sign in never longer than 7 voters, and the line for the electronic
voting machine never longer than 5 voters. As far as I could tell,
most voters had no problem with the electronic voting machine. But
some were confused about how to review their ballots and get the
paper trail printed. When presented with a rounded rectangle saying
something like, "Press here to review a paper copy of your ballot,"
they instead pressed the "Review" button. To get back, they had to
press the "Return" button or something similar but non-intuitive. I
encountered this particular problem previously at other elections.
Clearly the human factors engineering for the Sequoia AVC Edge
electronic voting machine related to the paper trail is faulty. But
such problems often arise when a process or software is modified with
a "bolt-on" step instead of being rethought and re-engineered.

In the November 2007 local election, precincts were given paper
ballots (I think they were only in English/Spanish). These paper
ballots were only to be given to those who specifically requested it
(I think non-English speakers were to use of the five electronic
voting machines provided). Few voters specifically requested paper
ballots, while no voters specifically requested use of the electronic
voting machines. Several voters, when handed a paper ballot, said
something like, "Back to the Future." Although some were
disappointed that so much money was spent on voting machines that
were then not to be used, no one handed a paper ballot requested to
vote on the electronic voting machine. Only those who the poll
worker requested to vote electronically did so. In the November 2006
election, when I specifically gave voters a choice of paper or
plastic, as the paper trails on the electronic voting machines ran
out, most voters chose paper ballots since they could get to vote
faster (as the line grew for the one electronic voting machine left).
This unscientific study indicates that voter preference is dominated
by poll worker instruction.

One person (a computer expert very knowledgeable about security) at
my precinct specifically said he has surprised that I was requesting
he vote on the electronic voting machine, as he knew that I knew
about their security risks. I told him that Secretary of State Debra
Bowen's directive to hand verify the paper trail against the
electronic voting machine totals for 100% of the ballots for 100% of
the machines assured me that the electronic voting machine ballots
were more likely to be correctly tallied than ballots marked on
photocopied paper that would have to be hand-transcribed for machine
tallying. Knowing my knowledge in the area, he was reassured and
proceeded to vote electronically, as did his wife. One voter asked
whether the ballot was encoded on the activation card returned to the
poll worker. So I demonstrated the status key that showed the card
contained only that the card was used to vote on a specific voting
machine (by serial number) at a specific time.

The card activator had a security seal over the whole were it is
designed for a PC card to be inserted.

The card activator has a menu provides access to a bunch of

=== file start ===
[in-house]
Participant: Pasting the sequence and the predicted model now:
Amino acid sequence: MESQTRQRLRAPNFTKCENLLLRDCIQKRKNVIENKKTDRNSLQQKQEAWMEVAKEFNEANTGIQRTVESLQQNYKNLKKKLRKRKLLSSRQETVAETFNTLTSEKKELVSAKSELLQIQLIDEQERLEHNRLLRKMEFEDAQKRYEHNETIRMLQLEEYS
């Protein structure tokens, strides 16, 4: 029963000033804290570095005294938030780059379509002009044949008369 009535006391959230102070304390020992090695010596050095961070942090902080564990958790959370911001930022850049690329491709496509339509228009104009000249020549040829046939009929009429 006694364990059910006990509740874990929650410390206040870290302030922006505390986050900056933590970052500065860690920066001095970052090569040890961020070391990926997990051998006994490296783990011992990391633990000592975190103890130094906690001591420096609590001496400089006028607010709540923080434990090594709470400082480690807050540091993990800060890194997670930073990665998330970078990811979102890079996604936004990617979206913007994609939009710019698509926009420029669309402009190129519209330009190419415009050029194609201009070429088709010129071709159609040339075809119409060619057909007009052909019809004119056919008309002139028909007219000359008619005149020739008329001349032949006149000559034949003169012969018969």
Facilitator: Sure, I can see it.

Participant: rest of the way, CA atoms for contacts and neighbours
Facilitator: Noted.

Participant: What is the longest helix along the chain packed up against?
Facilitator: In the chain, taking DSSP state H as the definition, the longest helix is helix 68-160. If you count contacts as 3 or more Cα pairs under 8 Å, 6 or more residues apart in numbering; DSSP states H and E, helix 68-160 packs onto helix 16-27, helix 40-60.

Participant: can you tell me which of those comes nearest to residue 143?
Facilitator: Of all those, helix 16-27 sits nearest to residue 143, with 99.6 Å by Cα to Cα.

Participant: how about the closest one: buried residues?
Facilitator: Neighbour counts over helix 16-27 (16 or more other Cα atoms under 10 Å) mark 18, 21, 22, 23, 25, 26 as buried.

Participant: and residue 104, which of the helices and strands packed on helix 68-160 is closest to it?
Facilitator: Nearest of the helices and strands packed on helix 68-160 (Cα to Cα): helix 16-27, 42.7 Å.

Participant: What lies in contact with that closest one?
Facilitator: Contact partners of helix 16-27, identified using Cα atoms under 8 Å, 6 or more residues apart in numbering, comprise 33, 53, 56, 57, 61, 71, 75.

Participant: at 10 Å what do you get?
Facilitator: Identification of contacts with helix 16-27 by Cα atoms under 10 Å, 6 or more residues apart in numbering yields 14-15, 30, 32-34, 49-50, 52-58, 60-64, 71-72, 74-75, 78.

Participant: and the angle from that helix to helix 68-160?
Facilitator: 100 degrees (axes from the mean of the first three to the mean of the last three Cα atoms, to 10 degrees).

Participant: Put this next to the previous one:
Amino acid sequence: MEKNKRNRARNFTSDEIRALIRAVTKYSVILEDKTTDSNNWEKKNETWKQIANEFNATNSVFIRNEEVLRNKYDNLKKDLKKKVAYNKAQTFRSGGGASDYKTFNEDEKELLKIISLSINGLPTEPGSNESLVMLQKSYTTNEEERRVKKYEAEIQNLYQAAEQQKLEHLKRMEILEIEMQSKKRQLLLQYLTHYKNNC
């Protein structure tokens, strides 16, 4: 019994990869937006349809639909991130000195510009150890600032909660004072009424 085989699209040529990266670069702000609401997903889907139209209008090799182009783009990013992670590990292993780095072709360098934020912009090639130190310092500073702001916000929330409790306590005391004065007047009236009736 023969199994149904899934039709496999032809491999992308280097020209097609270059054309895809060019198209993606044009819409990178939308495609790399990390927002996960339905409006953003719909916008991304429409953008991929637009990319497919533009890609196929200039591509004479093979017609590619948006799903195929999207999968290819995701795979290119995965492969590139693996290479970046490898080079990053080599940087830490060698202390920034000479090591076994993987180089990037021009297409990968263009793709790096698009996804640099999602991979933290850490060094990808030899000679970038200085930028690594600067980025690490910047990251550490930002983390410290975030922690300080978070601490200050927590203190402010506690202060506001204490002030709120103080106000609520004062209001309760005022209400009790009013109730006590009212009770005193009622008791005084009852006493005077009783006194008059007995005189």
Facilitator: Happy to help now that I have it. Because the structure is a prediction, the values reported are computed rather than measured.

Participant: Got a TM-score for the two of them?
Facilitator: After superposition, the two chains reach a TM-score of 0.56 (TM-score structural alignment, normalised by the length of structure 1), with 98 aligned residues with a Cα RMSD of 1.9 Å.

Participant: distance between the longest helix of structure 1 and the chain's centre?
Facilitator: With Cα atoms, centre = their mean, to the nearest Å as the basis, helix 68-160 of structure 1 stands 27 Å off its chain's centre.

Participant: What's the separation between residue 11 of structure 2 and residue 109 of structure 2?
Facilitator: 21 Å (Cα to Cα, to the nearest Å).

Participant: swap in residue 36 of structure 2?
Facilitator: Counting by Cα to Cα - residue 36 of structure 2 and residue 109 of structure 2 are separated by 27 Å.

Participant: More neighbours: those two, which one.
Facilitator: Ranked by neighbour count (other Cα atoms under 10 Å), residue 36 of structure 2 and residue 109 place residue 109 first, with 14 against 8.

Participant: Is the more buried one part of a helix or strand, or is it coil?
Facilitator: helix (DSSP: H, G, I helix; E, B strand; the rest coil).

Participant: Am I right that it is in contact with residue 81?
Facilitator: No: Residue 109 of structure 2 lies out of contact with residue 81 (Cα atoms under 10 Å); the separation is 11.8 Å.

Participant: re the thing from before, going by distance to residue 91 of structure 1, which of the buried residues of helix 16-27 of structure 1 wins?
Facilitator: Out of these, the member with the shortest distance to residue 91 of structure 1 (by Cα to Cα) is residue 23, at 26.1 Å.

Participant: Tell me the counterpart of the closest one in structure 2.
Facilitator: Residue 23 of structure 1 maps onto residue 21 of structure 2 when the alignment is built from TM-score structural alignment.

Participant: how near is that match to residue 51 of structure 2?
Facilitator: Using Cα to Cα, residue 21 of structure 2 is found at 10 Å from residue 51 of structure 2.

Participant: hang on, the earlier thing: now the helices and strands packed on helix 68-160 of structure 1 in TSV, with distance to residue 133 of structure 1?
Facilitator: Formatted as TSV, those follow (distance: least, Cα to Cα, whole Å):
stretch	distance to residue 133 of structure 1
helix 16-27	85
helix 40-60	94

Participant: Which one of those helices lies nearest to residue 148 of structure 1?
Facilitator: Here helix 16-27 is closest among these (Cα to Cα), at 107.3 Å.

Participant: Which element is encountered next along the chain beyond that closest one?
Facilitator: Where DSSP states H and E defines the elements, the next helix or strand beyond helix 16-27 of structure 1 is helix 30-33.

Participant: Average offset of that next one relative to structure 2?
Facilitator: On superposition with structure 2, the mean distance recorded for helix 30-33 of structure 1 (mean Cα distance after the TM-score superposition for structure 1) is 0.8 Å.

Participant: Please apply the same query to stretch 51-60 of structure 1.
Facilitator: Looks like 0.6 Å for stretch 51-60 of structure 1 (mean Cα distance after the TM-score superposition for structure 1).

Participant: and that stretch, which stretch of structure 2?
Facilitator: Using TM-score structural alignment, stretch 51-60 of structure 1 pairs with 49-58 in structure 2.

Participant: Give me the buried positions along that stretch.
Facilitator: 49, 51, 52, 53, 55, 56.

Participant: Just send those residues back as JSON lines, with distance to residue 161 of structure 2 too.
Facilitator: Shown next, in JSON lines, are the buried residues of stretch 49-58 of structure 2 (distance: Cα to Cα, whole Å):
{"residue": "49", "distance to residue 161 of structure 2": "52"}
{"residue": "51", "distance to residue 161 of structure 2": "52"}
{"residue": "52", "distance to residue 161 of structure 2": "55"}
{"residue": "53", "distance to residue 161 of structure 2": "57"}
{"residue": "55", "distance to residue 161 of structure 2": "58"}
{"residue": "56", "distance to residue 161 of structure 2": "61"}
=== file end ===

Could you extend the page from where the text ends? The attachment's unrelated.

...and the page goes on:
undocumented features, including the ability to change the date and
time on the card activator. (I did not check whether that feature
was still available, but I noticed previously that it was a feature.)
One security risk is that a card activator may have its date and time
changed, a supply of cards activated with the time stamps of during
the election, and then the date and time restored. Those cards could
be used to vote in one or more busy precincts. However, the number
of votes cast would exceed the number of voters who signed in to vote.

When opening the polls in the morning, we had one small glitch.
There are four long strips of paper seal for sealing both sides of
two cardboard ballot boxes. The strips had backing, but these were
also in strips several inches wide crosswise. It was hard to pull
off all of the backing strips. One of the poll workers accidentally
caused the half-exposed sticky part to stick to itself while trying
to remove the remainder of the backing. I had to call the Field
Inspector for a spare. The Field Inspector quickly brought a spare
prior to opening the polls. Later, as the ballot box for
vote-by-mail ballots filled up, one side sagged, with the paper seal
failing to stick very well. I surmised that the seal that failed to
stick was the spare one, and perhaps it was from a batch of a
previous election. I note that the backing of the strips for sealing
the box of cast ballots and the box of unused ballots were cut the
long way, which was easier to fully remove with less risk of the
strip sticking to itself. I suggest that long backing strips also be
used on the strips for sealing the ballot boxes used during Election
Day.

The white cardboard ballot box was for regular paper ballots, and the
brown cardboard ballot box was for vote-by-mail and provisional
ballots, as well as voter registration forms, preferred language
surveys and permanent vote-by-mail requests. Separation of those two
types of ballots is mainly a capacity issue. The large paper ballots
stack neatly by themselves in the white ballot box. Had vote-by-mail
ballots been added to the mix, the combination of short and fat
envelopes along with large and flat ballots would have required a lot
more space. I understand that some election protection volunteers
were concerned that some poll workers in Mountain View were putting